CJ Maraga’s lamentations sign of Judiciary’s weakness

Monday, November 11th, 2019 00:00 |
Chief Justice David Maraga

It was a forlorn-looking Chief Justice David Maraga who stood on the steps of the Supreme Court last week and went into a long lament about how he is being mistreated by the Executive. 

The long, pretty undignified lament, was something about not being accorded the respect “he deserves as CJ,” and about being denied a Mercedes Benz vehicle. 

This was, ironically, a throwback to the “nusu mkate” days of the coalition government of retired President Kibaki and Prime Minister Raila Odinga where the latter kept up a long lament about how he was not being accorded “respect” by being denied “carpets” and “VIP toilet.” It became the joke of the year.

One would have expected the Chief Justice to utilise such a grand stand to  address the huge challenges Kenyans continue to face as they seek justice from his courts. 

Why is the Judiciary being disrespected? Leaders embody the dignity and credibility of organisations they lead. A leader with no credibility attracts scant respect for the organisation he leads. So, how has the Chief Justice acquitted himself where his stewardship of the Judiciary is concerned?

A few illustrations will suffice. It has now been established that the Akasha brothers, Ibrahim and Baktash, were assisted by judges and lawyers to thwart the Government’s attempts to get them to stand trial on drug trafficking charges. Those judges are still serving. The Chief Justice has taken zero initiative to make them accountable for their actions. 

During the recently concluded elections for the male representative of the Law Society of Kenya (LSK) to the Judicial Service Commission (JSC) some lawyers subverted the election rules to favour one candidate. The Chief Justice stayed aloof during the whole charade that badly damaged the credibility of the JSC and LSK.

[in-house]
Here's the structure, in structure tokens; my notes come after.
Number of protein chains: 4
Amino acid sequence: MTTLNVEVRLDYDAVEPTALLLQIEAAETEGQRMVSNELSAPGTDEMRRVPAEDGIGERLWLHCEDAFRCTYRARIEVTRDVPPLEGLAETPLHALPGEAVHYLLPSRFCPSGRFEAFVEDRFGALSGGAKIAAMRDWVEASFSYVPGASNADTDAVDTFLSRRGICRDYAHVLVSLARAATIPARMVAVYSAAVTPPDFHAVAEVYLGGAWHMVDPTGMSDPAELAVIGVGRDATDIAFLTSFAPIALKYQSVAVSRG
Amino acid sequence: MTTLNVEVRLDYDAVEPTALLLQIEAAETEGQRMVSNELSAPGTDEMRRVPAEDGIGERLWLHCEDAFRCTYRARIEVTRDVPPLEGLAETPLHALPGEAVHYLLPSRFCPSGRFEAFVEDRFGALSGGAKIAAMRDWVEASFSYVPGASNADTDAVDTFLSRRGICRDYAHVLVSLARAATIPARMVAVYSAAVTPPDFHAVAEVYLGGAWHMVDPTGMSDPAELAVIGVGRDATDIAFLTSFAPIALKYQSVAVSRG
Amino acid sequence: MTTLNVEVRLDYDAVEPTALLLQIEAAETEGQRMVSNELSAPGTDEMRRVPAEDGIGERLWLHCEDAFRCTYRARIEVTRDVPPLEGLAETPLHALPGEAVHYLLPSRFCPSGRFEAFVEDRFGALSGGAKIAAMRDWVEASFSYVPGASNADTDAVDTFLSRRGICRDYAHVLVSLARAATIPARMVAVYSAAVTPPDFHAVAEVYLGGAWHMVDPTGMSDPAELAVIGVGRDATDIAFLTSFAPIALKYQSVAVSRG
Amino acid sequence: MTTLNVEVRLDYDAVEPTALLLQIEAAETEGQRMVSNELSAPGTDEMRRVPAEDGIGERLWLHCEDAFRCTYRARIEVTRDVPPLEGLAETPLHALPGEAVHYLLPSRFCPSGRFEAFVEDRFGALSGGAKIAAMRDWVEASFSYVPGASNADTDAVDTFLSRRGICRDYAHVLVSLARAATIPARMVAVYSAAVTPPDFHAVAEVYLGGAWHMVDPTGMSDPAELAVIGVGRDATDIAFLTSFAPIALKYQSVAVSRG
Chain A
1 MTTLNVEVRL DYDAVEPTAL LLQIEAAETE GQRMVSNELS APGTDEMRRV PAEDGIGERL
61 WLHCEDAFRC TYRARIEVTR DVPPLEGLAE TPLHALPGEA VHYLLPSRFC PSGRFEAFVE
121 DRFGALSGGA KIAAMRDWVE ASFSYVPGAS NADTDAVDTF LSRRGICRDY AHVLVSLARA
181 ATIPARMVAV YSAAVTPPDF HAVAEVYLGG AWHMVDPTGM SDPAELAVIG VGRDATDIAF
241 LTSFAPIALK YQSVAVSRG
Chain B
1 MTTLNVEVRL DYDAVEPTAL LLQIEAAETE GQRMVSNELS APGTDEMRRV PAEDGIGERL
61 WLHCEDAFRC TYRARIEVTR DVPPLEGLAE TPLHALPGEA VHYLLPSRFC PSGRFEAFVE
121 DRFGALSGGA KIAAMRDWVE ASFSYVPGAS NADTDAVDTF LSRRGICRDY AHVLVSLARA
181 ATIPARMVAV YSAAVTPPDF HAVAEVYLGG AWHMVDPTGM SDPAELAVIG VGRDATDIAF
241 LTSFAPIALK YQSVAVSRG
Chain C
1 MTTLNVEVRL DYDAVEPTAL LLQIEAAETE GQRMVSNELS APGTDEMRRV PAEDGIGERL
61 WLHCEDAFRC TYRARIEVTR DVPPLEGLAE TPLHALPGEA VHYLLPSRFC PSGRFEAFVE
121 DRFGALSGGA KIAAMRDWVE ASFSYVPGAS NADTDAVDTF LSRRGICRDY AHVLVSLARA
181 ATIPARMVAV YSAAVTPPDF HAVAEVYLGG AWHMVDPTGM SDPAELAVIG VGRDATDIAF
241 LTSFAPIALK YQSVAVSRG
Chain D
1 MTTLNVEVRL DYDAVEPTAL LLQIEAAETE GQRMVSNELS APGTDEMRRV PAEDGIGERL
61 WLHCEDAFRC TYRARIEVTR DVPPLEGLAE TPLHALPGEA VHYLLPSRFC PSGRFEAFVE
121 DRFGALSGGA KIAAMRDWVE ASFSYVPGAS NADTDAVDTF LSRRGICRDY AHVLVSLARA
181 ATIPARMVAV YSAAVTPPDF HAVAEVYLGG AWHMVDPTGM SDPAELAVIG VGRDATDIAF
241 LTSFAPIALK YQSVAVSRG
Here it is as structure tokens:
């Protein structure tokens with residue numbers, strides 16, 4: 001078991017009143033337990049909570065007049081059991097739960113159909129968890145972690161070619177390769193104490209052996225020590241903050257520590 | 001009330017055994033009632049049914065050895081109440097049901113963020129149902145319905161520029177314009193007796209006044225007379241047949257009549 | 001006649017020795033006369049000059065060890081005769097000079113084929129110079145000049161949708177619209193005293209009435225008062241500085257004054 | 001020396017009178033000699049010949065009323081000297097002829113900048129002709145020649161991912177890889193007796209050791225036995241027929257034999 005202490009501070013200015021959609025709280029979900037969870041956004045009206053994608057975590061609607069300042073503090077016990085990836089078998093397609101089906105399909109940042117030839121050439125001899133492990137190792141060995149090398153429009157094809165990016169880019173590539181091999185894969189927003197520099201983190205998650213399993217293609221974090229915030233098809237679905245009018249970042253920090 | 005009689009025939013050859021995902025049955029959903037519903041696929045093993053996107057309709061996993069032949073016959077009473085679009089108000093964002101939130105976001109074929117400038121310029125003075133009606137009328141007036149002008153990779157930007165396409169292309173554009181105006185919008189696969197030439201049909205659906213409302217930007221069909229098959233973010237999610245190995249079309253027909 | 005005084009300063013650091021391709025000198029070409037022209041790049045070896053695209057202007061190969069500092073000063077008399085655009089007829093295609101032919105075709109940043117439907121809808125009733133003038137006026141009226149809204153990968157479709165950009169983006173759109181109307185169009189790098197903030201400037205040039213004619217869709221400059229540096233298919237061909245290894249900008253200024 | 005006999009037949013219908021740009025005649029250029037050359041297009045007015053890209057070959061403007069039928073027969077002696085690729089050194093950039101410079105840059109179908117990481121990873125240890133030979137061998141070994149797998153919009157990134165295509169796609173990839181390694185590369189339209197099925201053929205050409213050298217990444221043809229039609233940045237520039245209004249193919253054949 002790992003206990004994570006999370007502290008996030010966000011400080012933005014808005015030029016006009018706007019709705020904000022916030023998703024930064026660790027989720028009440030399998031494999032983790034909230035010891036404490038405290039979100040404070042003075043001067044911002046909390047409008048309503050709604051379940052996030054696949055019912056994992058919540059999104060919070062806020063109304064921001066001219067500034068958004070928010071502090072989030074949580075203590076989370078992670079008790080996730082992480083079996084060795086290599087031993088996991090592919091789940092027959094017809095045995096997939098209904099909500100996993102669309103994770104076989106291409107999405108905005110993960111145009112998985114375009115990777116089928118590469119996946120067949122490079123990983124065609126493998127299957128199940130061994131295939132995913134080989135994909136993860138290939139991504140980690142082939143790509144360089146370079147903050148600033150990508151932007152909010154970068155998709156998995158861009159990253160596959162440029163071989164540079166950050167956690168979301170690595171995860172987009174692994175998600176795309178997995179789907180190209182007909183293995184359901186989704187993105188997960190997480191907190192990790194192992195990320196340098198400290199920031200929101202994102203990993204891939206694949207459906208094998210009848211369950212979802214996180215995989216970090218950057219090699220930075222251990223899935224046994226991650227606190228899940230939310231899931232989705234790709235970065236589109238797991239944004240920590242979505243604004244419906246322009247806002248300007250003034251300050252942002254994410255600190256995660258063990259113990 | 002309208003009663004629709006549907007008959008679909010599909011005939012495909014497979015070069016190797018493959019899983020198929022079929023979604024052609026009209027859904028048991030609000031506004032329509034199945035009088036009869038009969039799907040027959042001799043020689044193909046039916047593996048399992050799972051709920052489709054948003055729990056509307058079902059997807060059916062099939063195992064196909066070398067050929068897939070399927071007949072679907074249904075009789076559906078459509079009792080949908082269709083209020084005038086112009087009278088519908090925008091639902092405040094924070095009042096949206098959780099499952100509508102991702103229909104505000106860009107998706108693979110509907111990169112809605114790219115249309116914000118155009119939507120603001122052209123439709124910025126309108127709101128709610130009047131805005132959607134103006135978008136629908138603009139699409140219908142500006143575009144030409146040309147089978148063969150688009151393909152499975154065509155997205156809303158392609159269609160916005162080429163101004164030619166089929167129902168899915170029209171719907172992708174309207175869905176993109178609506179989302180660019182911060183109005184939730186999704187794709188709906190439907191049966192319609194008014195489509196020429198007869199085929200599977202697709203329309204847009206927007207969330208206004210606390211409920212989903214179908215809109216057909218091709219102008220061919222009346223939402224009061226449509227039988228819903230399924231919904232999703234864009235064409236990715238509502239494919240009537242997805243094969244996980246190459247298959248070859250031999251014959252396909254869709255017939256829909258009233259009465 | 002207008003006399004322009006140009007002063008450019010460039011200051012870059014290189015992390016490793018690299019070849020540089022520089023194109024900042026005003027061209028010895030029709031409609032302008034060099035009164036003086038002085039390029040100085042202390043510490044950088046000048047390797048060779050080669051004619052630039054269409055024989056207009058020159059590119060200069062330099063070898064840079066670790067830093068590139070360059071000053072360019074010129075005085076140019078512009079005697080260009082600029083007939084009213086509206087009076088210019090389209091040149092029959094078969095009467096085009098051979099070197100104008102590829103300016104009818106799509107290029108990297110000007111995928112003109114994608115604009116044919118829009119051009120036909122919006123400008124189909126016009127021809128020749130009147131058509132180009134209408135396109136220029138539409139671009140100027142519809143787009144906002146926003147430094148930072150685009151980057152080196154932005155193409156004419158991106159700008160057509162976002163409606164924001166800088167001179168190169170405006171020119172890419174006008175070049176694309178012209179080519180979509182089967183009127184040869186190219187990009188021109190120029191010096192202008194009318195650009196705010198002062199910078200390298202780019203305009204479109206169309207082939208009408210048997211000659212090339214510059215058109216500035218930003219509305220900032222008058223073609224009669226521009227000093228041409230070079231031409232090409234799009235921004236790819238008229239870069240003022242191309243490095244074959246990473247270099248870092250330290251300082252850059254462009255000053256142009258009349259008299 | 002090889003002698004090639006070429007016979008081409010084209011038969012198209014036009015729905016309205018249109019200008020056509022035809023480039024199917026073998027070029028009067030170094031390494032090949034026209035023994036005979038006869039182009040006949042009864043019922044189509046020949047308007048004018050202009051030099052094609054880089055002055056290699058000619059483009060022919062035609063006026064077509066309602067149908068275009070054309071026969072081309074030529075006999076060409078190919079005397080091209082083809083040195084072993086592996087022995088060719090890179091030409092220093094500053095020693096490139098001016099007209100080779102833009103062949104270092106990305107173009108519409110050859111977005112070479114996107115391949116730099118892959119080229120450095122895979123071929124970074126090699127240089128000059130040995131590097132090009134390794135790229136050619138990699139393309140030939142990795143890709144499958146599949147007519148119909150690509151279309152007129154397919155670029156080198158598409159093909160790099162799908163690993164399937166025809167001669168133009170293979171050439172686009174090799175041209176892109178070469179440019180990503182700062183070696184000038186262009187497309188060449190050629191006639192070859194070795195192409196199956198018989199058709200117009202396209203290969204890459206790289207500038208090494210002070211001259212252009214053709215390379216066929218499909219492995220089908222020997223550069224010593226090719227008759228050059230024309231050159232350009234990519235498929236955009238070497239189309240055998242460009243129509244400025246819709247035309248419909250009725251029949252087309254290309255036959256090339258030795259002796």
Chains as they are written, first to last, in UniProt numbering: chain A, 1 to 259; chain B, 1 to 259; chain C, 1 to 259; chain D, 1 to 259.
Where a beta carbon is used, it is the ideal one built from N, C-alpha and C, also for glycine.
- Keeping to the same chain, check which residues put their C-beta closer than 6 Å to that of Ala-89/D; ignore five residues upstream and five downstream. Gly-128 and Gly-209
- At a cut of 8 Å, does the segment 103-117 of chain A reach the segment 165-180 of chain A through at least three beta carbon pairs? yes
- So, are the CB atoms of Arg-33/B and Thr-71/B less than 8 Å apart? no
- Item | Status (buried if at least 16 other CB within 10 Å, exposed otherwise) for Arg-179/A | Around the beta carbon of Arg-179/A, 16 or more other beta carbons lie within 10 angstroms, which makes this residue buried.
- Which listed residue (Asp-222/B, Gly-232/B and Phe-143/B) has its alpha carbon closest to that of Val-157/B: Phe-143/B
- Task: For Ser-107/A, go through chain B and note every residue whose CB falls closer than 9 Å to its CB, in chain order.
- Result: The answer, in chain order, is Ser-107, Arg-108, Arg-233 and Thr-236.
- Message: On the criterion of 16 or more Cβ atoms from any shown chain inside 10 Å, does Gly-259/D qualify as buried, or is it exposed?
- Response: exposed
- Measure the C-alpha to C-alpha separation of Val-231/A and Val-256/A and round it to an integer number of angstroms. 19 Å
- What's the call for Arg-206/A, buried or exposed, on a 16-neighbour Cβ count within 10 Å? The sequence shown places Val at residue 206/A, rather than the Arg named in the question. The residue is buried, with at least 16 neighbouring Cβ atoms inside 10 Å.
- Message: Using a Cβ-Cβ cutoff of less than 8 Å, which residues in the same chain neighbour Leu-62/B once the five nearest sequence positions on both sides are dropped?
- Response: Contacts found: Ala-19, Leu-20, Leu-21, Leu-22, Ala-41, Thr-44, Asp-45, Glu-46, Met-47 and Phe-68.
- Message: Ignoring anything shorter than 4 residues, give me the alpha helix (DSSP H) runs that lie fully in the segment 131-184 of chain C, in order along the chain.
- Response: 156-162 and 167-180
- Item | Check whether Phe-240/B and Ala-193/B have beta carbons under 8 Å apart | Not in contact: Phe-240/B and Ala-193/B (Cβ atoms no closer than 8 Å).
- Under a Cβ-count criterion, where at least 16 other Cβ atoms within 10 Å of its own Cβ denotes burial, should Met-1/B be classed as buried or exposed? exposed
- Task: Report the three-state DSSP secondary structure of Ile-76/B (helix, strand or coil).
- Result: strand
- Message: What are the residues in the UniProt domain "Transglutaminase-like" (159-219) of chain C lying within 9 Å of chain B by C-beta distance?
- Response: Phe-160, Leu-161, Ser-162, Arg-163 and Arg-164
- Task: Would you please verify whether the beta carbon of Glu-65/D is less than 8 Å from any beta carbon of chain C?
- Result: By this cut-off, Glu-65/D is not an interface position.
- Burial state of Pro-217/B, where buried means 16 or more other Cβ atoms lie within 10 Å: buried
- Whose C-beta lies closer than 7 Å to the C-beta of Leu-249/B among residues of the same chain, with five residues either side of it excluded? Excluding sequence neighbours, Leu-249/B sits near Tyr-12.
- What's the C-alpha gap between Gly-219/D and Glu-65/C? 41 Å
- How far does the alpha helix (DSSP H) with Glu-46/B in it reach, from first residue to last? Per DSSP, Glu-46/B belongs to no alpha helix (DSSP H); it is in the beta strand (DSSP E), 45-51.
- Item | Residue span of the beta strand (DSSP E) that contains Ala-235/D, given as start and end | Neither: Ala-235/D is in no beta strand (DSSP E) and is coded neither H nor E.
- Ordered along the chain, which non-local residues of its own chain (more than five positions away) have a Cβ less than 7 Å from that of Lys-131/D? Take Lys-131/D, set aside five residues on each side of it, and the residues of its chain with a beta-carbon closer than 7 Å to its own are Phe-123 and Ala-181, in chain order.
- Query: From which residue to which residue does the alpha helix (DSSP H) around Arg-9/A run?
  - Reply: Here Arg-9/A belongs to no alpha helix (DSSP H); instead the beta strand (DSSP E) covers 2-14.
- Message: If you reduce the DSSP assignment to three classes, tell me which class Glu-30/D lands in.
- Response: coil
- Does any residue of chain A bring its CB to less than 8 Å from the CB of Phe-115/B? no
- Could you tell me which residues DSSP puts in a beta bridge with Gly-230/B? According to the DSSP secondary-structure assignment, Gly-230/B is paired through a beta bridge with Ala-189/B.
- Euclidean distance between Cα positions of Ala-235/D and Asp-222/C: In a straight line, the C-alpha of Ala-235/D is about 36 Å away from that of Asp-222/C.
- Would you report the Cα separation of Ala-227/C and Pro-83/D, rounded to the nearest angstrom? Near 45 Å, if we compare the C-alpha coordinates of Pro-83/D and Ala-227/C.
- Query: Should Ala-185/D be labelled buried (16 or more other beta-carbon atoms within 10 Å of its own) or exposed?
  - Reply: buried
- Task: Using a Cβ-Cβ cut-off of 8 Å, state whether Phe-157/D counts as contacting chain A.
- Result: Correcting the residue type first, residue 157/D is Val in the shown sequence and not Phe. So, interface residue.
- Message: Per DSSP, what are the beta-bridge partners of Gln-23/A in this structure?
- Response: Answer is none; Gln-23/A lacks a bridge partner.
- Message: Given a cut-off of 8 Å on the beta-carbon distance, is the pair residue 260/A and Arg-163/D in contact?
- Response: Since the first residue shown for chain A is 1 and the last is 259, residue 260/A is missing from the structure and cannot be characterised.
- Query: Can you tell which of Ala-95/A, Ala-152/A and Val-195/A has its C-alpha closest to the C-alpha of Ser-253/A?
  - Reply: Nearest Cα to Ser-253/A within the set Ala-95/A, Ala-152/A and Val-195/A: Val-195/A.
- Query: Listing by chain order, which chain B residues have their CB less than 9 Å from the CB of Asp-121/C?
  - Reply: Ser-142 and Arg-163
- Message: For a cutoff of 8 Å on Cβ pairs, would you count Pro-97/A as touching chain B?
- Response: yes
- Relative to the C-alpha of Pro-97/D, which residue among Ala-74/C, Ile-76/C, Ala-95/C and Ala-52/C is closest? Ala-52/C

The Chief Justice led his Supreme Court bench to annul President Uhuru Kenyatta’s victory at the August 2017 polls on a technicality. This nullification raised tensions and almost brought down the country. Where was the wisdom in that, especially when it was clear that the challenger, Raila, had been thoroughly beaten? Worse, it was established that certain members of his bench had been in constant communication throughout the petition with the petitioners. He has never revisited this matter, and it continues to poison the corridors of justice. One can go on and on. Public confidence in the Judiciary is very low, and that reflects across the entire body politic. If the Chief Justice feels he is being disrespected by the Executive, it is because there is scant respect for the arm of Government that he leads. 

Mr Chief Justice, if you want the Judiciary to be respected, and consequently yourself as its head, you must act decisively and radically to restore its credibility. In that department, your work has not even begun. Judges and magistrates generally begin work late, take numerous breaks, and finish early.  Many officers in the Executive you are lamenting about work 12-16 hour days trying to clear their in-trays, and are constantly on the move- supervising, monitoring, engaging. At least the public has something to judge their public-spiritedness on.

The problems in the Judiciary have nothing to do with budget cuts. These challenges do not need money. They need strong, resolute leadership! In any case, budgets cuts are affecting all government agencies. Mr Chief Justice, Kenyans do not want laments. They want solutions from officials like yourself whom they pay handsomely. What you should have told Kenyans was how you are organising the Judiciary to ensure justice is still being dispensed despite the harsh economic times, and how you will destroy the very laid back work ethic in courts.  Kenyans would have been overjoyed to hear how you are putting your foot down to ensure justice is dispensed expeditiously. 

If the Chief Justice wants the Judiciary to be respected, it must earn that respect. And the one person sorely responsible for determining whether the Judiciary is respected or not is looking back at him any time he glances in the mirror.  Sadly, one fears the sand in the hour glass of his tenure might be just about dissipated.

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